A permanent, spacious hospital complex catering to the 200,000-strong Sri Lanka Army was an urgent need. The Master Plan followed then with the first three-storey building including the OPD, the orthopaedic wards with their own operating theatres (OTs) and intensive care unit (ICU); dialysis unit and also the maternity ward falling under Phase I, being opened on October 10, 2009 — Army Day.

Earlier in February of the same year, Phase II, meanwhile, had begun in earnest with the bare bones or piling being laid, with its proud outcome – the 10-storey building being opened on Monday.

The OPD can see to the needs of 1,000 patients per day, says the hospital’s Commanding Officer, Lt. Colonel (Dr.) Nishantha Pathirana, a Consultant Dermatologist, pointing out that all the facilities are available for these outpatients to get their tests done within the building itself.

OPD begins to bustle

“Be it an X-ray, a scan, blood test or other tests, the patient can get it done here without stepping outside. They can also take their medicines from the dispensary and head for home by 2 p.m. In other hospitals for tests like scans you have to take another date and come back.”

Referring to the streamlined procedure, Major General Munasinghe says minor ailments would be dealt with in the Medical Inspection Rooms.

The hospital is any Medical Director’s dream come true – 20 wards dedicated to the different disciplines, an ex-servicemen’s ward and in-ward facilities for VIPs such as the Army Commander and VVIPs such as the President.

The list continues….well-equipped ICU, Emergency Treatment Unit, Dialysis Unit, Blood Bank, Dental Institute, investigation laboratories and much more with special facilities including modular OTs and Digital Subtraction Angiography.

The improvement and expansion are not over yet. The next step is the digitization of the files of each and every patient as they tend to become bulky, smiles Major General Munasinghe, adding that all those who report sick from the army camps in and around Colombo are brought by vehicle to the Army Hospital for the ‘Sick Parade’.

Major General Sanjeewa Munasinghe

When asked why the Army needs such a sophisticated hospital, Major General Munasinghe’s answer is clear — regrettably more than 24,000 soldiers died in the 30-year conflict which also left more than 30,000 disabled in the last phase (2006-2009) alone. “They suffer from a variety of disabilities and we need to pay long term attention to them,” he says citing the example of those with spinal injuries who need to come for check-ups every three months as they can develop bowel and urinary tract issues.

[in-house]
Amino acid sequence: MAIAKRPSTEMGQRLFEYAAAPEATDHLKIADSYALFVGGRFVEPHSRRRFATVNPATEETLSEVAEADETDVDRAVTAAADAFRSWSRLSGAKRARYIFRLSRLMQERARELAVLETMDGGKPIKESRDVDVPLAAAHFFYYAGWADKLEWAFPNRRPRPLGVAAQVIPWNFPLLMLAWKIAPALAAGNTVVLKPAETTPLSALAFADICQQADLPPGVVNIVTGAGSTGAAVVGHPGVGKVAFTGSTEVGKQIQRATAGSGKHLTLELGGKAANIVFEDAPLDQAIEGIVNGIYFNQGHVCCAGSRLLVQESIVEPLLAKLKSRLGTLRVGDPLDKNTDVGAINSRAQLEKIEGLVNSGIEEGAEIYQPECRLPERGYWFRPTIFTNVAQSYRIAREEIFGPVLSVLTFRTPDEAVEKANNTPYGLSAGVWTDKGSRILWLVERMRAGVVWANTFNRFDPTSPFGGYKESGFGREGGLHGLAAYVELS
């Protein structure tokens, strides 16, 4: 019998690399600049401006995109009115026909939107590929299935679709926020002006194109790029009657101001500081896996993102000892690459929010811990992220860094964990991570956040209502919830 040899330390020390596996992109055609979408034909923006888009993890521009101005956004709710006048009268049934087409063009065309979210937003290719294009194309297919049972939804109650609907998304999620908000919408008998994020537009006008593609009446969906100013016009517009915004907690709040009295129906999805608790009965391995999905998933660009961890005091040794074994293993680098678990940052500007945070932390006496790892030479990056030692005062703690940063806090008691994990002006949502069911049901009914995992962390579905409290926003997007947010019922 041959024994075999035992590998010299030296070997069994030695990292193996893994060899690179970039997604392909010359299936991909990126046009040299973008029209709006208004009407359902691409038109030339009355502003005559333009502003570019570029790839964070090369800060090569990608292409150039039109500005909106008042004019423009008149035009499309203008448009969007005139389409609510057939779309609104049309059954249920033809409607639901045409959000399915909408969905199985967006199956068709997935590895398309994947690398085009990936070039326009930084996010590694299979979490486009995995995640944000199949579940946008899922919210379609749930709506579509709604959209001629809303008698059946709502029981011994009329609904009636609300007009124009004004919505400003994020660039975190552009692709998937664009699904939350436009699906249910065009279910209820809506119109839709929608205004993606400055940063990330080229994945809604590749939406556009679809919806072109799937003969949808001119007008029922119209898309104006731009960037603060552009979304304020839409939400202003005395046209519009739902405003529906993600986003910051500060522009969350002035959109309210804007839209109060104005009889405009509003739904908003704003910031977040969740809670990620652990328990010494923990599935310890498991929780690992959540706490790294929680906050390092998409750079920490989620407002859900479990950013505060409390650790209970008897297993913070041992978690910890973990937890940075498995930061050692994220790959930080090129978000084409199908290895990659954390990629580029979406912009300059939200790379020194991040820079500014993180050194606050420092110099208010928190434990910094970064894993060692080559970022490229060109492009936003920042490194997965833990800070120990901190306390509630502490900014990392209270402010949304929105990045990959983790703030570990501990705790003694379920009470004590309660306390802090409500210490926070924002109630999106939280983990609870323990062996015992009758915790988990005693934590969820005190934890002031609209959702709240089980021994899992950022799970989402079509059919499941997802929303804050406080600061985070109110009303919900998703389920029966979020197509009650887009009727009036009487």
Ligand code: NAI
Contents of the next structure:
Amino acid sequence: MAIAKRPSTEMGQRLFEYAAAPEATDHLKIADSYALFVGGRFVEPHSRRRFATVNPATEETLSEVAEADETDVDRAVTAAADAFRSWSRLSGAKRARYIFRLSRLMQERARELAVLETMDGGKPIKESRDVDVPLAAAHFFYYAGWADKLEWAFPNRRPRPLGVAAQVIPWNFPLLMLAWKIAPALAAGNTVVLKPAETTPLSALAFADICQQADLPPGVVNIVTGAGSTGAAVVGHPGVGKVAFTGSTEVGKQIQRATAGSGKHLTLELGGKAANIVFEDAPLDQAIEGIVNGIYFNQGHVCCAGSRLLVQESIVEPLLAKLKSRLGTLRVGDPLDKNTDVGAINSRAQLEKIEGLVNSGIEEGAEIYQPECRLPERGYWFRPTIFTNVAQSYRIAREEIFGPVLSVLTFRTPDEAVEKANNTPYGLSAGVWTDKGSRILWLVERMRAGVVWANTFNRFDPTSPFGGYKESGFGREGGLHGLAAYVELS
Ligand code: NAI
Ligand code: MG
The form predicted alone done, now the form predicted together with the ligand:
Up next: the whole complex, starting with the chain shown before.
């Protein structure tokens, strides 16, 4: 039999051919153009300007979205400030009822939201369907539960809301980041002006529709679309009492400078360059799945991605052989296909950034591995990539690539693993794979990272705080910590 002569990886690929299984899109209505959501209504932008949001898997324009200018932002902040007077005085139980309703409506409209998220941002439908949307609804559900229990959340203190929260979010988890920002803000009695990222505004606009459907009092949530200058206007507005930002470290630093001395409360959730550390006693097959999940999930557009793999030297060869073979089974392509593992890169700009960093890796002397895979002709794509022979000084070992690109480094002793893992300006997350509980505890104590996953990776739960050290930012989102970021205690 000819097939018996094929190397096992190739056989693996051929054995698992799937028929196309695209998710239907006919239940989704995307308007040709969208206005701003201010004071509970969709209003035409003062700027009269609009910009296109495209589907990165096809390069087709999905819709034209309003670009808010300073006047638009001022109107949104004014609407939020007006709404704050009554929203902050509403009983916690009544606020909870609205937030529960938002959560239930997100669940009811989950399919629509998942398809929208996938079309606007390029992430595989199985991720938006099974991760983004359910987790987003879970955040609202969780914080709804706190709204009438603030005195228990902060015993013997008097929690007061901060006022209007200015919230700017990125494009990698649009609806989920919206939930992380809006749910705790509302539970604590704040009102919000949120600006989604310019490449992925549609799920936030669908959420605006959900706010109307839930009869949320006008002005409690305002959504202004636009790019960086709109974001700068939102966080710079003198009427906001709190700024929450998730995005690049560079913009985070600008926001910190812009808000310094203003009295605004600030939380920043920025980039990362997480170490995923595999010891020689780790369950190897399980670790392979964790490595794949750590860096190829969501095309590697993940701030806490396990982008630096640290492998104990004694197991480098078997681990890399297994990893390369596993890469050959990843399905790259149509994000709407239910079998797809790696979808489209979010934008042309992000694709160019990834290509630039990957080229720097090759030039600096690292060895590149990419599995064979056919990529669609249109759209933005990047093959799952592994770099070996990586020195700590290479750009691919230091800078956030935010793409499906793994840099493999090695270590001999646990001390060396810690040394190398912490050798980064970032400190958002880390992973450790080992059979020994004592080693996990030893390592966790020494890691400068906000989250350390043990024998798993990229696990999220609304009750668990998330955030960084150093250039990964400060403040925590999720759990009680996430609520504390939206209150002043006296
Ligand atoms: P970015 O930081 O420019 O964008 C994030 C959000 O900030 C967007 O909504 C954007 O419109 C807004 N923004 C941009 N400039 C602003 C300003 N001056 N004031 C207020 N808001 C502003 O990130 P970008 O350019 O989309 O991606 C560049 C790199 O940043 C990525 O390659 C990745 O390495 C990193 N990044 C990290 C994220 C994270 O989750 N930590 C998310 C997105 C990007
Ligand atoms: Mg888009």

Lt. Col. Nishantha Pathirana

During the war all personnel paid attention to the war and not to their families. Now is the time to take care of the families and give them the maximum health support, he says, adding that ex-servicemen are another group who earlier had no in-ward facilities.
What next? Both Major General Munasinghe and Lt. Col. Pathirana have a clear vision where the Army Hospital should head. Their sights are set on stem-cell transplantation.

Then the Army Hospital will not only be a gift of gratitude from the government to those who defended this country but also a boon to the masses.

Advanced investigation facilities

The first patient

Soldier M.M.R. Bandara, 32, from Polpitigama, Kurunegala, is all smiles – it was none other than President Rajapaksa who registered him as the first patient last Monday.

M.M. R. Bandara

“My lungs and stomach are sewn up and my right hand does not work,” he says, going back to the time when he was felled by a sniper on August 17, 2008, while he was with an advance party in Thunukkai, in the last phase of the war.

Taken to the Anuradhapura Hospital and then brought to the National Hospital in Colombo, it was 45 days there before he could return home. Now working at the Alawwa Ranaviru Apparel, on and off he suffers excruciating pain and a burning sensation in his hand and needs care and treatment.